SINGAPORE: Singaporean fathers have recently taken to an online forum to expose the realities of being stay-at-home dads, sharing the often-overlooked struggles, sacrifices, and societal stigma they endure.

The discussion started after one Reddit user asked: “Stay-at-home dads/husbands of Singapore, what made you decide to stay at home?

For example, did you plan for it right from the beginning of your relationship, or did you see that your wife was earning more than you and hence decide it was the best arrangement?”

This question sparked a flood of responses from stay-at-home dads or those who knew them, who felt compelled to share their stories.

Many explained that they chose to stay home and become the primary caregiver because their wives earned significantly more than them.

However, they quickly found out that this path, though rewarding, wasn’t without its challenges. Some even dubbed this as “an endless and thankless job.”

Still, there were a few who said their choice wasn’t driven by financial reasons. One user shared that he decided to become a stay-at-home dad because he grew up not knowing his own father, who was always busy working two jobs.

He said he rarely saw him as a child and couldn’t relate to him when he finally retired to spend more time with the family. “I didn’t want to repeat that. I wanted to know my children and for them to know me,” he said.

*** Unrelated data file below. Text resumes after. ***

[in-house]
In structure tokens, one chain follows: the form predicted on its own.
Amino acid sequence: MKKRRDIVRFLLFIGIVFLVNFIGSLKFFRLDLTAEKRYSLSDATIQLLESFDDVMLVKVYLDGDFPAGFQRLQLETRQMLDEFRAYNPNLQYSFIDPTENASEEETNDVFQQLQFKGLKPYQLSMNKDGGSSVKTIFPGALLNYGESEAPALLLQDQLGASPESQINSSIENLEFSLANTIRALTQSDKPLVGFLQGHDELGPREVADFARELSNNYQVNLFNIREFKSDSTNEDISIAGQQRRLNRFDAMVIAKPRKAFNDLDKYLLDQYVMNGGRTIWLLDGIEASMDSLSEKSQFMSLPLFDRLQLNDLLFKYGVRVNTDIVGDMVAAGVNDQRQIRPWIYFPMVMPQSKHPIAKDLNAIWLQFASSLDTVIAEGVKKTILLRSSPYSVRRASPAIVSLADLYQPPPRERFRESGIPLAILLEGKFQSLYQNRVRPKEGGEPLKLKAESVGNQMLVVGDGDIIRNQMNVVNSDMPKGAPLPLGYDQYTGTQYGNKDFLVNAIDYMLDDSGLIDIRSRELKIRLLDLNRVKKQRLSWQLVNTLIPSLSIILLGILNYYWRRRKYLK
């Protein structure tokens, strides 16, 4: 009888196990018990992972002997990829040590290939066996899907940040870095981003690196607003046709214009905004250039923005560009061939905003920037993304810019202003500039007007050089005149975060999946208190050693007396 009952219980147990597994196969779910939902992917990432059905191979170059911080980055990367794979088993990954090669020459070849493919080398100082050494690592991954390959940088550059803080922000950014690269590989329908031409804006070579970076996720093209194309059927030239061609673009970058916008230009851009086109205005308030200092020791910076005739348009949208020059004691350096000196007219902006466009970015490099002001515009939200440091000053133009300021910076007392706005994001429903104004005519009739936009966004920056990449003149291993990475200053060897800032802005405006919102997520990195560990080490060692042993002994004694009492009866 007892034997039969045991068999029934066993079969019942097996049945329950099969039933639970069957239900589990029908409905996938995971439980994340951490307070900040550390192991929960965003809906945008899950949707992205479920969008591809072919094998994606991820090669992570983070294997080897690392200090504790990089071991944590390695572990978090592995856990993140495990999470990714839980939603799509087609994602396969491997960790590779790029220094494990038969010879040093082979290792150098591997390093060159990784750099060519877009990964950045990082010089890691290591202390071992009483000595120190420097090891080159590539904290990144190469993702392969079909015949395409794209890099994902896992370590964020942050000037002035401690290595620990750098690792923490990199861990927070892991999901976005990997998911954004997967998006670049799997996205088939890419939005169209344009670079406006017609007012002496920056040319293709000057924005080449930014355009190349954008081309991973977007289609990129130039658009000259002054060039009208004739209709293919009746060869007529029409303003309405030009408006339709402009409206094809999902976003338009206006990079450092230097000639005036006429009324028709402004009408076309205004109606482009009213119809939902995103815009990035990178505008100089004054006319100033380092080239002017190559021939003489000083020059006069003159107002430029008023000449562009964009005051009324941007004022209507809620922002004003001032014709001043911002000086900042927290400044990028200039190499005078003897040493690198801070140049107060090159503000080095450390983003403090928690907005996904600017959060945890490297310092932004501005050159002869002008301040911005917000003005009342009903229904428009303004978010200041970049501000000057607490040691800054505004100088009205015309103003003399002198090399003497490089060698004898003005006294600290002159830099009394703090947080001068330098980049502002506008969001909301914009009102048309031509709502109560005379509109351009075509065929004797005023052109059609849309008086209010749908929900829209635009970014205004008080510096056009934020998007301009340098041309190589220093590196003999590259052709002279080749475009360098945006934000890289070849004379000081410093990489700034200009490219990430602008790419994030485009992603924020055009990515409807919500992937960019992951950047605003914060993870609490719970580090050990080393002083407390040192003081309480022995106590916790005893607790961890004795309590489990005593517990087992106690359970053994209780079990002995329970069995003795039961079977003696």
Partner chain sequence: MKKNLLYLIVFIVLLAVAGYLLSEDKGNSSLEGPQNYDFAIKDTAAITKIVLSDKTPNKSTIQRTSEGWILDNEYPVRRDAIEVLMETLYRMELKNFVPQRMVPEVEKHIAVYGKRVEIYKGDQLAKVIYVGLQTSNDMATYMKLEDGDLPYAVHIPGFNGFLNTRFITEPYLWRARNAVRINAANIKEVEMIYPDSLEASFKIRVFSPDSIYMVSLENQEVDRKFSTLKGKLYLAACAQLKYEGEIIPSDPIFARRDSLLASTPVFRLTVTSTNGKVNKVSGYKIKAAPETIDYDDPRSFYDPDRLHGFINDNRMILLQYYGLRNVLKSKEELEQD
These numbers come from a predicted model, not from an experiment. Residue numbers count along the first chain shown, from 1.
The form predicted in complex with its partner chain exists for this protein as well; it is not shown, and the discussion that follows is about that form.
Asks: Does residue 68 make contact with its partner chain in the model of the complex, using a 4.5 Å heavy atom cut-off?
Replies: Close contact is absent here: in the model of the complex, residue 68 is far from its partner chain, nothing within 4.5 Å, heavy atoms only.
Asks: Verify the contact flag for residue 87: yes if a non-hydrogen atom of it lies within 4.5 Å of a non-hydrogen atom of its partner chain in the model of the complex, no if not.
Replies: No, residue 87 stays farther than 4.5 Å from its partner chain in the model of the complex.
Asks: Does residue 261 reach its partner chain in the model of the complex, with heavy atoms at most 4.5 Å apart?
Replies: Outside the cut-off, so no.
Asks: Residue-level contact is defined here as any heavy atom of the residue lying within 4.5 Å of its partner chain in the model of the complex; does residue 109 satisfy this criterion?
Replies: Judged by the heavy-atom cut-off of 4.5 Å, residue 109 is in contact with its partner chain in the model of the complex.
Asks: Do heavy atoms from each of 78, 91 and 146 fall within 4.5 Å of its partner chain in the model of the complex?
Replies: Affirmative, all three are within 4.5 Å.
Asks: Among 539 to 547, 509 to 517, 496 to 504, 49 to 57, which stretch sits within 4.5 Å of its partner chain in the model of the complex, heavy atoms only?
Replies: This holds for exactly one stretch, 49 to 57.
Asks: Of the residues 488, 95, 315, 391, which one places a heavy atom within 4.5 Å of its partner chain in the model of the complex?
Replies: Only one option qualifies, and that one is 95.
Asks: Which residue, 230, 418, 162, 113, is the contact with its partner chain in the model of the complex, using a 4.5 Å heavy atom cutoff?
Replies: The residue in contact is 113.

Another user shared that her father retired in his mid-50s because he wanted to spend more time with her, as his job involved a lot of travel. Her mum, who earned well, was supportive of this choice.

She said that her father did everything—cooking, cleaning, and even taking her to doctors’ appointments since she had endometriosis at a young age.

Despite being from a different generation, he embraced being a modern dad and never regretted his decision to stay home. He valued the time spent with her and helped care for his mother and mother-in-law as they aged.

“I was an only child and a miracle child so his priorities shifted after I was born,” she continued.

“Staying at home definitely isn’t for everyone but I know it must have been hard for him in the 2000s to do so since it wasn’t considered manly at the time.”

Reflecting on her experience growing up with a stay-at-home dad, she wrote, “As the child of a stay at home dad, I loved it. I know financially we were lucky enough for him to do so, so for that I am grateful.”

A third user shared that he chose to stay home mainly due to health reasons.

He wrote, “My wife makes a decent wage compared to what I did, we don’t have too many expenses, and it’s been better for my health.

It was actually her idea, I do the cooking, cleaning, and running errands, she has more time to focus on a career that’s working out well for her.”

Moreover, some revealed that even though times are changing and traditional gender roles are becoming less strict, fathers in Singapore still deal with the stigma of stay-at-home dads.

One user shared that his friend decided to be the primary caregiver at home because his wife earned more than double his salary.

He continued, “They have two young kids and weren’t keen on a helper staying with them.

They faced some challenges in the early years, especially from his in-laws as they felt he was mooching off their daughter, but it worked out pretty well in the end.”

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